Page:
(66%) with addition of East Elliott and West Sycamore parcels.
Stewardship Management Actions
   Park-wide enforcement—Daily
   Park-wide trail monitoring and maintenance—Weekly
   Protective fencing installation as necessary based on trail monitor-
     ing—Monthly
   Park-wide signage plan and installation—Monthly
   22 invasive species removal events covering 20 species—Yearlong
   Monitoring of 100 nest boxes, documenting first ever Wood Duck
     nest in the 12 years of Next Box Project History—Spring
   Ranger staff work with a volunteer to restore Cowles Mtn Barker
     Way Trail, and assisted in repairing a footbridge along the Golfcrest
     Drive Cowles Mtn Trail—February
   Erosion control and prevention measures installed on two trails—
     February
   New trails constructed in future MTRP West Sycamore Area—April
   Hosted the annual Explore Mission Trails Day with over 1,000 peo-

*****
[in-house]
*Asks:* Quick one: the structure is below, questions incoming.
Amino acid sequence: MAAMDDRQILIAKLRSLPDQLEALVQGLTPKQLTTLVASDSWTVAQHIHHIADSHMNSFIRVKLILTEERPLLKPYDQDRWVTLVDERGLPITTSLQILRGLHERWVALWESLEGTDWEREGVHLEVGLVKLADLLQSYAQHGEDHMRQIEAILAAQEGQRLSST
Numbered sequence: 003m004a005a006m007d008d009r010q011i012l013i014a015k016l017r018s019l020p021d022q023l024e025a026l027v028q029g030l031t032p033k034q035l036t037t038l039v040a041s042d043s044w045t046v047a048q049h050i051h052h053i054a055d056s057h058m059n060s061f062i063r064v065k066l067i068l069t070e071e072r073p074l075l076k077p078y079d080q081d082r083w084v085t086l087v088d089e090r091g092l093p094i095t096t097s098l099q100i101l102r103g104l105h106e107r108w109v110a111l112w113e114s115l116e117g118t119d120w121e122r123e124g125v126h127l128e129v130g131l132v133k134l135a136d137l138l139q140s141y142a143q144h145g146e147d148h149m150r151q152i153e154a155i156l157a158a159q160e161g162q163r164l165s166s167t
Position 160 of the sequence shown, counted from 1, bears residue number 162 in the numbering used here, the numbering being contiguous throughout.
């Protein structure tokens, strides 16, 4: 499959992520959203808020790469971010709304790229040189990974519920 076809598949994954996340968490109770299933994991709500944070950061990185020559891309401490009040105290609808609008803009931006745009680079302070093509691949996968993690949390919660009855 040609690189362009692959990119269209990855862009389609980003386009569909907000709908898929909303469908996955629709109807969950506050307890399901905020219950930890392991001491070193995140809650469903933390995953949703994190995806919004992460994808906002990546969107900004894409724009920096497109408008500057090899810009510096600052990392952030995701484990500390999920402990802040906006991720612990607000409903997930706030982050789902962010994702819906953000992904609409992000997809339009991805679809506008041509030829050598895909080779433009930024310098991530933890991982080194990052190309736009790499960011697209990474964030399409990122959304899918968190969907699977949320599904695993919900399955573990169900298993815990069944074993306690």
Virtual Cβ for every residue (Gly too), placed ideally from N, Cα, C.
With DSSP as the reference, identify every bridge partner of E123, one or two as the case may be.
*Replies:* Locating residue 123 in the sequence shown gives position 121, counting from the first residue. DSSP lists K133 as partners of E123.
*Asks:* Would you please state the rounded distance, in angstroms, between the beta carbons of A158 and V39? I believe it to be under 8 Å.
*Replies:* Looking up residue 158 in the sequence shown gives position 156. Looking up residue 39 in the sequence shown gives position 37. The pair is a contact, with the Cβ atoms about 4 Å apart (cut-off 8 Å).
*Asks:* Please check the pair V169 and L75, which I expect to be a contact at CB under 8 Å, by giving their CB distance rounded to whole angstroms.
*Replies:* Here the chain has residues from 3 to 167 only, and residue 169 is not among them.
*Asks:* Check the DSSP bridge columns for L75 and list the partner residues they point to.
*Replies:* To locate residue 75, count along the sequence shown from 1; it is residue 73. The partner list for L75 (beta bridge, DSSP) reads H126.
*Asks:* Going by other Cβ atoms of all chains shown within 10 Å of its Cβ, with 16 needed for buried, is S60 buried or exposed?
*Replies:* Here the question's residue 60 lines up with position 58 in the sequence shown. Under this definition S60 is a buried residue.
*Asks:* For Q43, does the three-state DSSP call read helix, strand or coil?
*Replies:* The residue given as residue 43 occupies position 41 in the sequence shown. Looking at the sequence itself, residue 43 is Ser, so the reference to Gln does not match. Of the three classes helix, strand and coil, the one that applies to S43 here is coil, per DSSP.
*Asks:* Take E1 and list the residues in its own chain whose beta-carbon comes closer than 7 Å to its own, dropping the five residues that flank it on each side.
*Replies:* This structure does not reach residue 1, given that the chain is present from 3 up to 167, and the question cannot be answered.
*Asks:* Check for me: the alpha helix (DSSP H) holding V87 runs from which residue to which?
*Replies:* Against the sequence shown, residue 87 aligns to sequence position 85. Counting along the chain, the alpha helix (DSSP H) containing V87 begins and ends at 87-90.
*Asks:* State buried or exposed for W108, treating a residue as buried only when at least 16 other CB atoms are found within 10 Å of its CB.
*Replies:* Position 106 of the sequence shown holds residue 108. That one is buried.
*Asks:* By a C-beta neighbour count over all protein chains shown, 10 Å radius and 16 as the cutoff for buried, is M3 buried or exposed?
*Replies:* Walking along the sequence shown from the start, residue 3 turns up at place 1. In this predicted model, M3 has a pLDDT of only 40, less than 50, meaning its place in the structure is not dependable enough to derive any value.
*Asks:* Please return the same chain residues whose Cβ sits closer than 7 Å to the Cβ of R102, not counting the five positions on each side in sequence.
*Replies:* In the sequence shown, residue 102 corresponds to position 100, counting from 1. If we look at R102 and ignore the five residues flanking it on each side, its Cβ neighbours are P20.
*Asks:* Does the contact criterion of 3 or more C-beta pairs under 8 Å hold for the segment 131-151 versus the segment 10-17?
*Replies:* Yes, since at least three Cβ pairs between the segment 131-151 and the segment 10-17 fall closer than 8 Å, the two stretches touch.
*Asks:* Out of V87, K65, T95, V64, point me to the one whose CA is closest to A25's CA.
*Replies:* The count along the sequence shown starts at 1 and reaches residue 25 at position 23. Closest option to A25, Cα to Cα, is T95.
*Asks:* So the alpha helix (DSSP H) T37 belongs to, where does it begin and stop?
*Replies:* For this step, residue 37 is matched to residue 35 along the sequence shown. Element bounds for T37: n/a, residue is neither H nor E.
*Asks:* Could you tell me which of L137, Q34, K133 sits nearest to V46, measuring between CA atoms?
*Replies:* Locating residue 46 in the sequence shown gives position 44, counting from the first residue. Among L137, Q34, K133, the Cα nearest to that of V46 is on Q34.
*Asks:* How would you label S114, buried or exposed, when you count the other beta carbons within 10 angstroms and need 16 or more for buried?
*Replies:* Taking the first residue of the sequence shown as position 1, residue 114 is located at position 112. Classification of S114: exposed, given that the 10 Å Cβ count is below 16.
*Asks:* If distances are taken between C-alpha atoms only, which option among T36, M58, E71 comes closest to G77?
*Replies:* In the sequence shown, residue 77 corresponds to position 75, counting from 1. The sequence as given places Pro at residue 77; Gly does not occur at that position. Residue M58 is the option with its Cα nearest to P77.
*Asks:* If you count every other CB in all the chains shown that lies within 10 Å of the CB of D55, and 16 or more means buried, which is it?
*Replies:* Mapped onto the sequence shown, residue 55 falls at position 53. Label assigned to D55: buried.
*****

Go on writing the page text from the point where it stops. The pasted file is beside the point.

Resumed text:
ple in attendance—May
   Ranger staff updated handouts and revised materials for four Discov-
     ery Tables—July, August
Page 7

Mission Trails Regional Park
Management Actions, Continued
   Led volunteer cleanup event around Kumeyaay Lake—October
   Revegetated disturbed areas in West Sycamore Canyon—October
   Prepared and published a children’s Nature Club newsletter titled
     “Hidden Treasures of Mission Trails”—October
   Installed one doggie bag dispenser and two trash cans—November
   Release of 6 rescued raccoon by Project Wildlife—December
   Celebration of national Arbor Day included planting of 10 native